The Bahamas

Private Paradises: Celebrity-Owned Islands

Who wouldn’t want their own private island to wall themselves off from the rest of the world while enjoying the comforts of wealth and opulence? After all, celebrities do it all the time. Thanks to Google Maps, we can get a glimpse of these water-bound estates and see how the other half live.

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Friday, 3rd June 2011

The World’s Largest Blue Holes

The term “blue hole” is given to sinkholes filled with water where the entrance is below the surface; but they are perhaps more accurately described as “vertical caves”. These caves were formed through normal erosion until the end of the…

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Friday, 15th April 2011

Top 10 Most Expensive Hotel Rooms 2011

With springtime just around the corner (in the Northern hemisphere at least), some readers may be thinking about booking a holiday. You might expect that spending more money on your hotel would guarantee the best stay, but is this true…

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Tuesday, 8th March 2011

Underwater Plane

This is Normans Cay in the Bahamas, and lying submerged just under the surface of the water is a genuine 1980s drug smugglers plane! Here’s a bonus underwater photo of the wreck taken by a guy who snorkled around it.…

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Friday, 18th August 2006

Welcome to Google Sightseeing

Google Sightseeing takes you on a tour of the world as seen from satellite, using the free Google Earth program, or Google Maps in your web browser. Our team of authors present weird and wonderful sights as suggested by readers.

Could you be one of our authors? We're looking for more freelance writers - please get in touch for more information.

Previously on Google Sightseeing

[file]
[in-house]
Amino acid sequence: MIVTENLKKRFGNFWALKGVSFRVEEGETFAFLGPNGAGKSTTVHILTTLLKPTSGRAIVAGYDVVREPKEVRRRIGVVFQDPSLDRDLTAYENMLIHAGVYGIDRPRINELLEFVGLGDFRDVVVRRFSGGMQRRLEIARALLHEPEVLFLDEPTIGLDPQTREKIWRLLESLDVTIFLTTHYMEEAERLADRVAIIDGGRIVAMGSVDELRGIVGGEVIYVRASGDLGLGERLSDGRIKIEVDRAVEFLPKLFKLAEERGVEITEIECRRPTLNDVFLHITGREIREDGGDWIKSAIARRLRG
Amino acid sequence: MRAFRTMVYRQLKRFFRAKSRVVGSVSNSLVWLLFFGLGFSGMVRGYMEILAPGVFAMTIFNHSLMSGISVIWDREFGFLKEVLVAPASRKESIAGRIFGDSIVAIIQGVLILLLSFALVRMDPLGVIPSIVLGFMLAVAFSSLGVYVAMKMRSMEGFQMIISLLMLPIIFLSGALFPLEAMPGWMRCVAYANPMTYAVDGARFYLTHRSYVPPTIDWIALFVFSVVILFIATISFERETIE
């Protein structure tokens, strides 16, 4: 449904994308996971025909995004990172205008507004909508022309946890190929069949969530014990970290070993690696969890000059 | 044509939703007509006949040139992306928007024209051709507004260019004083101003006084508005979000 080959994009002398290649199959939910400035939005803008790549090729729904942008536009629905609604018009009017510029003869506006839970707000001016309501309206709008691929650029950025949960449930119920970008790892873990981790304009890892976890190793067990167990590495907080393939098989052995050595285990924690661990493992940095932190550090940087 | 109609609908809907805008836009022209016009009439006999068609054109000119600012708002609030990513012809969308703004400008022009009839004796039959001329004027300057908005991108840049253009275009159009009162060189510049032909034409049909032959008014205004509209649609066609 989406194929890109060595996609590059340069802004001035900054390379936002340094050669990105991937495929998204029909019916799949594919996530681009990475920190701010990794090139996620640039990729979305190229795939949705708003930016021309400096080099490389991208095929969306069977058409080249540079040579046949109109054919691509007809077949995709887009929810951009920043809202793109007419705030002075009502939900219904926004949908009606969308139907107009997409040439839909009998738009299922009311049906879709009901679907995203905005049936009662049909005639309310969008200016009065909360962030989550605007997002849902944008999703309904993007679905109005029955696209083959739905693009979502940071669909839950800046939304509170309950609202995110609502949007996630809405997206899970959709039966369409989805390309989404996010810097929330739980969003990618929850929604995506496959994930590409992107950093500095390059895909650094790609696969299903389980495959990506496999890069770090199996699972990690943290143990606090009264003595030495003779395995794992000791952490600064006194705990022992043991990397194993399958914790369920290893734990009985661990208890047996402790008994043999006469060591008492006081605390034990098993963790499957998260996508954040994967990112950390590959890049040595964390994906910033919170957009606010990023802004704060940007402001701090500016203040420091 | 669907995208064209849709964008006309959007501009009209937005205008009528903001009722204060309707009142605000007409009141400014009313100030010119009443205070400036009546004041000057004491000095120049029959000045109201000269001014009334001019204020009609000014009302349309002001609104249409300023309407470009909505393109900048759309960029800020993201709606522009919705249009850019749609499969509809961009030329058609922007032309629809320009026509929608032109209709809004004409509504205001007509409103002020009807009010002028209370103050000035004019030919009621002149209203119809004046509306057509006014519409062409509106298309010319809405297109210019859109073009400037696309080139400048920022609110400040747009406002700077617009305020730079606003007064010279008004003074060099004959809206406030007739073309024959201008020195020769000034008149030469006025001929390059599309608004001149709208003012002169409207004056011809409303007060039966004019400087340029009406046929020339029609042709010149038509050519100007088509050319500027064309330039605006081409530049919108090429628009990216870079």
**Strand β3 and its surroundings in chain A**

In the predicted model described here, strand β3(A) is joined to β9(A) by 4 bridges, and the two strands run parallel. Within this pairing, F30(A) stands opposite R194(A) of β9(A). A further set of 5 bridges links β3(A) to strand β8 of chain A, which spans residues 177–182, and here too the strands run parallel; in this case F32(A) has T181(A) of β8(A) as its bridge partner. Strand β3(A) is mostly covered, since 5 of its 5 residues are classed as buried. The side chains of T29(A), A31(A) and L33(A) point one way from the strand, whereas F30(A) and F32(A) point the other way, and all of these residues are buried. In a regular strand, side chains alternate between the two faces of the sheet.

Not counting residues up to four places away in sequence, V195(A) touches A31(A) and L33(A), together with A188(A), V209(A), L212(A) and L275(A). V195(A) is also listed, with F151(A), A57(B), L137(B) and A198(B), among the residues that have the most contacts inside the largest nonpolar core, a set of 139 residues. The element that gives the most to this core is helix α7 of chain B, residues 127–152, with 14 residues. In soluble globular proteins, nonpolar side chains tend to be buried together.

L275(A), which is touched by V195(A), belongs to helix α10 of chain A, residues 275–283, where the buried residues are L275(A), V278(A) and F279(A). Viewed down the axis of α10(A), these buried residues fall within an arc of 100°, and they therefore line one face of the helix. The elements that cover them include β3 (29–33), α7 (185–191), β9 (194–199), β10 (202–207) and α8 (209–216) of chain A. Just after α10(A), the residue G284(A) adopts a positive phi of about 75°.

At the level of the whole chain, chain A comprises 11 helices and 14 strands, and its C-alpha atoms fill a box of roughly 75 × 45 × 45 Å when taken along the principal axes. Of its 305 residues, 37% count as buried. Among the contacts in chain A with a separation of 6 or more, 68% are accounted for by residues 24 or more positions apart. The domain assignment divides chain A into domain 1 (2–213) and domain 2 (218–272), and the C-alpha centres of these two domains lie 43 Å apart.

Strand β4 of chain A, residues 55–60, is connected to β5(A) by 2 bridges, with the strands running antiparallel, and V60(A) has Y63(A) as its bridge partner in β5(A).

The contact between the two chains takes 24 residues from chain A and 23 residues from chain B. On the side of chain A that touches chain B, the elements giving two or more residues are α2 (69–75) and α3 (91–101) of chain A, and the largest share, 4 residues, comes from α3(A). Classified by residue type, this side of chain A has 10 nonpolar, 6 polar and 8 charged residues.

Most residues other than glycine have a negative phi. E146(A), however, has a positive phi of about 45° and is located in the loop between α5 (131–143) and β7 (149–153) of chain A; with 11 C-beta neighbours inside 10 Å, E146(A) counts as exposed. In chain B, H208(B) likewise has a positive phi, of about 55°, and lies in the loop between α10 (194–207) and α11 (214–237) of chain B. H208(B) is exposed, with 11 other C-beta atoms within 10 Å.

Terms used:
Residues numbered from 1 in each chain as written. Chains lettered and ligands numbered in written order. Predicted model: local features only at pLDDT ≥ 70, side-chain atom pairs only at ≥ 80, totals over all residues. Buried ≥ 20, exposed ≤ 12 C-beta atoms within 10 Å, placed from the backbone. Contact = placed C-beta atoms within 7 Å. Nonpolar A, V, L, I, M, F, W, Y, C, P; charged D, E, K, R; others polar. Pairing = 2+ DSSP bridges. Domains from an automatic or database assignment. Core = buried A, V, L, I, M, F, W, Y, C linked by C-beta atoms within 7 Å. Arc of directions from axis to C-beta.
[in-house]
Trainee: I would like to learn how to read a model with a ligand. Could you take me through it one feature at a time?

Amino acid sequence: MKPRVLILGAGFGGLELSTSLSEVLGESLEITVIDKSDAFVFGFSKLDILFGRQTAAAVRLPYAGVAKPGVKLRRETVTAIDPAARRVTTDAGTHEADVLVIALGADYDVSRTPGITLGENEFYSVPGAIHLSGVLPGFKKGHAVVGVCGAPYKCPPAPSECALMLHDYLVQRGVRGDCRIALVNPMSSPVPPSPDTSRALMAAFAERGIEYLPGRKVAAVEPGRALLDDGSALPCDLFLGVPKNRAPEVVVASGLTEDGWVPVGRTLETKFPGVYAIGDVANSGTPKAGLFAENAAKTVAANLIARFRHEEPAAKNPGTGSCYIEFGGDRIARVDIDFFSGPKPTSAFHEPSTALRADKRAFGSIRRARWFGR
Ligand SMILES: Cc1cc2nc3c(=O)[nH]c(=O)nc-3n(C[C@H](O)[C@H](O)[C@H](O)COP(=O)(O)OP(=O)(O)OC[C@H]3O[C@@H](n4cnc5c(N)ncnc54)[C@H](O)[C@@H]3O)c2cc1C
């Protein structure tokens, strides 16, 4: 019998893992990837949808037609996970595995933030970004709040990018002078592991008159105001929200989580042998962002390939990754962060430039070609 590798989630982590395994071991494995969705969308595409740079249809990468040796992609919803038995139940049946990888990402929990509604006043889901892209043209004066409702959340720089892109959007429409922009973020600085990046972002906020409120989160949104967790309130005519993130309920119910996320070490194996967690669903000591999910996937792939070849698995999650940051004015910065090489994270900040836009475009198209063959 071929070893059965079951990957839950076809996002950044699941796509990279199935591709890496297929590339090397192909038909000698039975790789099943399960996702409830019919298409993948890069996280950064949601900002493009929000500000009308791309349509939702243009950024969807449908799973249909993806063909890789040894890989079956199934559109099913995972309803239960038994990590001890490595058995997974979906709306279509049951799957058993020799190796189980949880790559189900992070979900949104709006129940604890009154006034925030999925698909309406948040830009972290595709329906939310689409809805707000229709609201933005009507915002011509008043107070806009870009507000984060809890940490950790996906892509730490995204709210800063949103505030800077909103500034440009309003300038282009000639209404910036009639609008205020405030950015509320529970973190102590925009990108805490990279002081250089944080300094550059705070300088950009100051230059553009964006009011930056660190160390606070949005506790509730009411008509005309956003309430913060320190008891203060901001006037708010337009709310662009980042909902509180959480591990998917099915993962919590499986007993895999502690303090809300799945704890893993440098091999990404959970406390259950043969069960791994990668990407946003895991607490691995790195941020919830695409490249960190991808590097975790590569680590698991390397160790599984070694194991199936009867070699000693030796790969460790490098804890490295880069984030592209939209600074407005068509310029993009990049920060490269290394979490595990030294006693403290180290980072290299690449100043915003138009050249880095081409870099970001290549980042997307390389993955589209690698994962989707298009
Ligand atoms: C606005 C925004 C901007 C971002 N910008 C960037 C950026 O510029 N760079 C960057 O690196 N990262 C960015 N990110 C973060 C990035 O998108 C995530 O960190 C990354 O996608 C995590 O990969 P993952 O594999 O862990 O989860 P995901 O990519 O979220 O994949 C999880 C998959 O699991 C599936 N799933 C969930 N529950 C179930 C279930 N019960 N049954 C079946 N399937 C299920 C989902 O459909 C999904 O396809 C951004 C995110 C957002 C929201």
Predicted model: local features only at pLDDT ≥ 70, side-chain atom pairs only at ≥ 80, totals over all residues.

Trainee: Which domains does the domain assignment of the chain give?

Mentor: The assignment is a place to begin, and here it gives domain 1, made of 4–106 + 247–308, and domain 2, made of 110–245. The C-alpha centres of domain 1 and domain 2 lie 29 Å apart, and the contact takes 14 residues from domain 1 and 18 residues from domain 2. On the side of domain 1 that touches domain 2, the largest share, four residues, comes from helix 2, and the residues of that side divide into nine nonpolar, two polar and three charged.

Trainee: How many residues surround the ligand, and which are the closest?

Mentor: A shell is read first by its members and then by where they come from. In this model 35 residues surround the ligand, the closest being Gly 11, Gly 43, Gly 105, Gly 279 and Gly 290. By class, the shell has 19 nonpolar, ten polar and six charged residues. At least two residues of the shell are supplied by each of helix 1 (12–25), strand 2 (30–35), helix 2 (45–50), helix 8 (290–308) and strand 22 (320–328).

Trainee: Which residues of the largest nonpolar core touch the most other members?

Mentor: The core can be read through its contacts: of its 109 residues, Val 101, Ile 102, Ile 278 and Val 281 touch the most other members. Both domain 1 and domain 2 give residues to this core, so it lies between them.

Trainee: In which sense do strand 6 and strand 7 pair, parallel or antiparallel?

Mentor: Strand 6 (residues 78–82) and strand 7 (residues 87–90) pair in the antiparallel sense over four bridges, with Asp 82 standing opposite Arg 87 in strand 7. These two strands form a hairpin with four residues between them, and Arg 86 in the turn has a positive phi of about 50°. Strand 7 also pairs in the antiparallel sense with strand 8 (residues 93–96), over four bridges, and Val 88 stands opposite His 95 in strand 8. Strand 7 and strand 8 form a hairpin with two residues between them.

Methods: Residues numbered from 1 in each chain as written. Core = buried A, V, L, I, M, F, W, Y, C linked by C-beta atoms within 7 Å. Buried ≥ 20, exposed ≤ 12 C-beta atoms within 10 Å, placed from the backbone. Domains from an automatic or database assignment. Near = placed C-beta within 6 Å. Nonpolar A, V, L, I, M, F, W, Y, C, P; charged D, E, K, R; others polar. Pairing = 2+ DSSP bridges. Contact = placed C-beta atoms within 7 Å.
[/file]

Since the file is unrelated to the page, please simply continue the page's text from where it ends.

Island Week 6

OK, so we’ve really outdone ourselves this year, but better late than never we always say – this year, November…

Skellig Islands (Island Week 6)

The Skellig Islands are located 13km of Ireland’s south west Kerry coast. In 1996 Skellig Michael was designated as a…

Abandoned Stadiums of Europe, South America, and Africa

Every day around the world, millions of people gather in giant stadiums to watch their favourite sporting events and performance acts. But what happens when time inevitably catches up with these facilities? Today we begin our tour of abandoned stadiums from around the world with a look at old arenas in Europe, South America, and Africa.

Recent Comments

  1. Tammo: Desert week condensed into a single post these days ;) Great stuff though :)
  2. Ian Brown: Sorry, D. King, we get a lot of spam on the site and while most of it gets caught, the occasional one gets...
  3. D. King: What does this have to do with blimp or airship bases?
  4. Tammo: While I’m glad that you mentioned the Rendsburg High Bridge … it DID deprive me of the chance of...
  5. seefit: Thanks for the link to your original post, Ian. Another fine article (as always). :-) It’s nice to know...

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